Our nation’s community banks are held to the same data-protection standards as the country’s largest banks.
Washington, D.C. (PRWEB) November 22, 2014
Camden R. Fine, president and CEO of the Independent Community Bankers of America® (ICBA), released this statement following remarks from CEOs of two large banks warning that the government and banking industry, especially small banks, need to do more to prepare for the risks of a cyber-attack.
“Our nation’s community banks are held to the same data-protection standards as the country’s largest banks. To say that they aren’t held to the same standards, or don’t hold themselves to the same standards, or don't understand their obligations for data protection is entirely false and an insult to the 6,500 community banks nationwide. The Gramm-Leach-Bliley Act (GLBA), enacted by Congress in 1999, requires financial institutions of all types to protect consumer data. In particular, these rules mandate strong internal procedures, investigatory requirements where potential breaches exist, and broad-based consumer-notification requirements.
“The real issue that needs to be addressed is that retailers aren’t held to these same vital data-protection standards as banks. As we come upon the one-year anniversary of the Target breach, it serves as a stark reminder that the payments chain is only as strong as the weakest link.
“This is why ICBA remains steadfast in its data-security principles and will continue to strongly advocate to Congress the need for all participants in the payments system—including retailers—to be subject to Gramm-Leach-Bliley Act–like data-security standards for the protection of our nation’s consumers.”
ICBA continues to advocate the following data-security principles to Congress and the payment card networks. ICBA’s core principles include:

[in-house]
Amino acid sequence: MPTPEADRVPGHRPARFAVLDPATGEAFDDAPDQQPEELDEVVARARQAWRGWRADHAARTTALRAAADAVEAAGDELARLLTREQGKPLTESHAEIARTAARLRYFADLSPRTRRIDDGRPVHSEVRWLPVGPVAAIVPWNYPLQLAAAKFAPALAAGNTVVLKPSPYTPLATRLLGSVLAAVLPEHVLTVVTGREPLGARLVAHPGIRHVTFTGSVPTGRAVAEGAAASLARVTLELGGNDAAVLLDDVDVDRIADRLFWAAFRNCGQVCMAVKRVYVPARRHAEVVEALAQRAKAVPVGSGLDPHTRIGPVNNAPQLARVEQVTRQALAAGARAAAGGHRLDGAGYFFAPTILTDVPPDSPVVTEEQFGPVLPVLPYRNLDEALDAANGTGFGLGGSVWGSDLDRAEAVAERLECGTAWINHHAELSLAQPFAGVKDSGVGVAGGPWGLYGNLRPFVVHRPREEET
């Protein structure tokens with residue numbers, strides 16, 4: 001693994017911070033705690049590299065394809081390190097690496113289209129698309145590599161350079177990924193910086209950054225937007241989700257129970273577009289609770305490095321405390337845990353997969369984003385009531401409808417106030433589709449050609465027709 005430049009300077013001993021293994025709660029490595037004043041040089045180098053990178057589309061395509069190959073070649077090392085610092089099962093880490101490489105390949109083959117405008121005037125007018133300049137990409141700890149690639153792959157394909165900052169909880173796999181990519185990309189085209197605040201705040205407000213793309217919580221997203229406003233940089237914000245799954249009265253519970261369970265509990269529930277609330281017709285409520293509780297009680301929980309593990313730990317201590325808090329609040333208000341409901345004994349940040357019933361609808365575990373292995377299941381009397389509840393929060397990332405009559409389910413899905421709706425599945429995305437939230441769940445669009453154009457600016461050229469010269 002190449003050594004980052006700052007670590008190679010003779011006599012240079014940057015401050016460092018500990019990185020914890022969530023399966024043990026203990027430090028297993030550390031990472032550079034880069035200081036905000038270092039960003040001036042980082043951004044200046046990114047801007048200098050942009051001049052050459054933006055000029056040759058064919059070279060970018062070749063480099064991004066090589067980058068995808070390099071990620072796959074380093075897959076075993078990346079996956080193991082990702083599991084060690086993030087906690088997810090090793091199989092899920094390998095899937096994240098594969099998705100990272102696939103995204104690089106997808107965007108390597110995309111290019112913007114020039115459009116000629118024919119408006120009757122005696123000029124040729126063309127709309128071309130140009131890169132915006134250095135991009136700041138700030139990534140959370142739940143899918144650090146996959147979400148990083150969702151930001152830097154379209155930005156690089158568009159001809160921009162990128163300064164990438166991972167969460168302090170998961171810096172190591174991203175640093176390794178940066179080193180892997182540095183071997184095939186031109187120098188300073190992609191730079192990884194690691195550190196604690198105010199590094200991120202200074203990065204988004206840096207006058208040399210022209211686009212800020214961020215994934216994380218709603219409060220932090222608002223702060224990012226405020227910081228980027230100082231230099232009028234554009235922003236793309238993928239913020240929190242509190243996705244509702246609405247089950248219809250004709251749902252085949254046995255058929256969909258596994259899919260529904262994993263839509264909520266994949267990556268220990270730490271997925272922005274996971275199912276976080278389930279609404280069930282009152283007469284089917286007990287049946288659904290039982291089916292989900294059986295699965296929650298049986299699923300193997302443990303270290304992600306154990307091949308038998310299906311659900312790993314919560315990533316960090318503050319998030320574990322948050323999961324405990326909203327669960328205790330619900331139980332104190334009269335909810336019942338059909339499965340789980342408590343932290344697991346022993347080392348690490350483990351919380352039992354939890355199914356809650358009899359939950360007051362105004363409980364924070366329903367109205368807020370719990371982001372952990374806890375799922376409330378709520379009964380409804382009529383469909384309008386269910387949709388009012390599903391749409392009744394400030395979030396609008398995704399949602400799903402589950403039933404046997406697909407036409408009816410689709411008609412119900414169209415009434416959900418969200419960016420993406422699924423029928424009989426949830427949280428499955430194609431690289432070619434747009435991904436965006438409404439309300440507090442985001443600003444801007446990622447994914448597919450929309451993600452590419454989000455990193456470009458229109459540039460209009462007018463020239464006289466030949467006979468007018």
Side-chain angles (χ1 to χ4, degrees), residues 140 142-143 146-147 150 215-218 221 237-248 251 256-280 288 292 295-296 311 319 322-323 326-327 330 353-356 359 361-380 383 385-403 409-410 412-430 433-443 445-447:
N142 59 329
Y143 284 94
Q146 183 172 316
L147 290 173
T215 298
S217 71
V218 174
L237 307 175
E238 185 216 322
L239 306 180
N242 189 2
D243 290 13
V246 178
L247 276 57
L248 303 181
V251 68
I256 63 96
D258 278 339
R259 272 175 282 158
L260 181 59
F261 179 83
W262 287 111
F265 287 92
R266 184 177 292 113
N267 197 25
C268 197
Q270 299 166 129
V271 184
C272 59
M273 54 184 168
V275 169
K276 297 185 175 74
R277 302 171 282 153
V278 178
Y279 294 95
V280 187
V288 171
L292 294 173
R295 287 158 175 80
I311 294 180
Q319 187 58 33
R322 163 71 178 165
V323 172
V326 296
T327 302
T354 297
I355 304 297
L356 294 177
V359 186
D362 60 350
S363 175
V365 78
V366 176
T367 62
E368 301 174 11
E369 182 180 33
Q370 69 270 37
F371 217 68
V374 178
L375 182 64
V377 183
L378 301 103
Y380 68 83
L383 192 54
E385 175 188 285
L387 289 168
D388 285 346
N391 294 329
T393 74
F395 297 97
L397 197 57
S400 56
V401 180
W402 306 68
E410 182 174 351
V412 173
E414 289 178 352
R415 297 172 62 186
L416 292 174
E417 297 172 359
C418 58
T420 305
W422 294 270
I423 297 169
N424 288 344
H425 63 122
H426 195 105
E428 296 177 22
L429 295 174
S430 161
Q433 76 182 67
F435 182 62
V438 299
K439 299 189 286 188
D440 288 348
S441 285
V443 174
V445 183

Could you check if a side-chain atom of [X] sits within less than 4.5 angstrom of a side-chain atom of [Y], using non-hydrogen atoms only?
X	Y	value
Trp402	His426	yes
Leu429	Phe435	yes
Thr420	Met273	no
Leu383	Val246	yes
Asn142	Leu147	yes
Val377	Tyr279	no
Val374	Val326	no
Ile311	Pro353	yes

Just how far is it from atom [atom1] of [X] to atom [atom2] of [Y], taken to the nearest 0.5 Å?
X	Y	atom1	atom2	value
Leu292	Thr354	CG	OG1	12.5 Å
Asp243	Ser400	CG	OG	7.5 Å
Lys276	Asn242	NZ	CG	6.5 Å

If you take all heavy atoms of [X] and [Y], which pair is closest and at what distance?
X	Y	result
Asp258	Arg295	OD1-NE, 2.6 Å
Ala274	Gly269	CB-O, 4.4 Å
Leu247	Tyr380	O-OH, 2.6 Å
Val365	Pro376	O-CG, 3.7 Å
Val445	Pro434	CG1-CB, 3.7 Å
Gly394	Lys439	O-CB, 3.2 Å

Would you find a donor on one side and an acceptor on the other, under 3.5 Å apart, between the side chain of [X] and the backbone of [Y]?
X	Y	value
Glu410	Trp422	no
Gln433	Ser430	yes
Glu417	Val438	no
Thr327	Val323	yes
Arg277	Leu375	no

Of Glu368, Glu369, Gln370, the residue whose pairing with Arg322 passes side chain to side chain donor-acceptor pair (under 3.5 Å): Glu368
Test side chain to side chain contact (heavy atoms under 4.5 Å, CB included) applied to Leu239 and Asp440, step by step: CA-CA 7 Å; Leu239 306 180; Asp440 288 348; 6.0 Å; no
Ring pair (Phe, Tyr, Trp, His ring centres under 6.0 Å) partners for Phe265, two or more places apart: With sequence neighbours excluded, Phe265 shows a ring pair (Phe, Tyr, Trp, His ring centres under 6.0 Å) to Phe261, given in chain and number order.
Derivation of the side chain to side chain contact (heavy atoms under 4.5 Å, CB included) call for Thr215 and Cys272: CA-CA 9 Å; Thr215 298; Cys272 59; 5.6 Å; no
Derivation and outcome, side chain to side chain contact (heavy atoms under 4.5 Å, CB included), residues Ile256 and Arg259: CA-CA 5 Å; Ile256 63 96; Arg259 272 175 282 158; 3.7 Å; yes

- the costs of data breaches should ultimately be borne by the party at fault for the breach,
- all participants in the payments system—including retailers—should be subject to Gramm-Leach-Bliley Act–like data-security standards,
- a national data-security breach and notification standard should be implemented to replace the current patchwork of state laws,
- unnecessary barriers to effective threat-information sharing between law enforcement and the financial and retail sectors should be removed, and
- while community banks and other financial institutions continue to move to chip technology for debit and credit cards, these technologies alone may not have prevented the recent retailer breaches and do not protect against fraud in “card-not-present” transactions, such as online purchases.
The Independent Community Bankers of America®, the nation’s voice for more than 6,500 community banks of all sizes and charter types, is dedicated exclusively to representing the interests of the community banking industry and its membership through effective advocacy, best-in-class education and high-quality products and services. For more information, visit http://www.icba.org.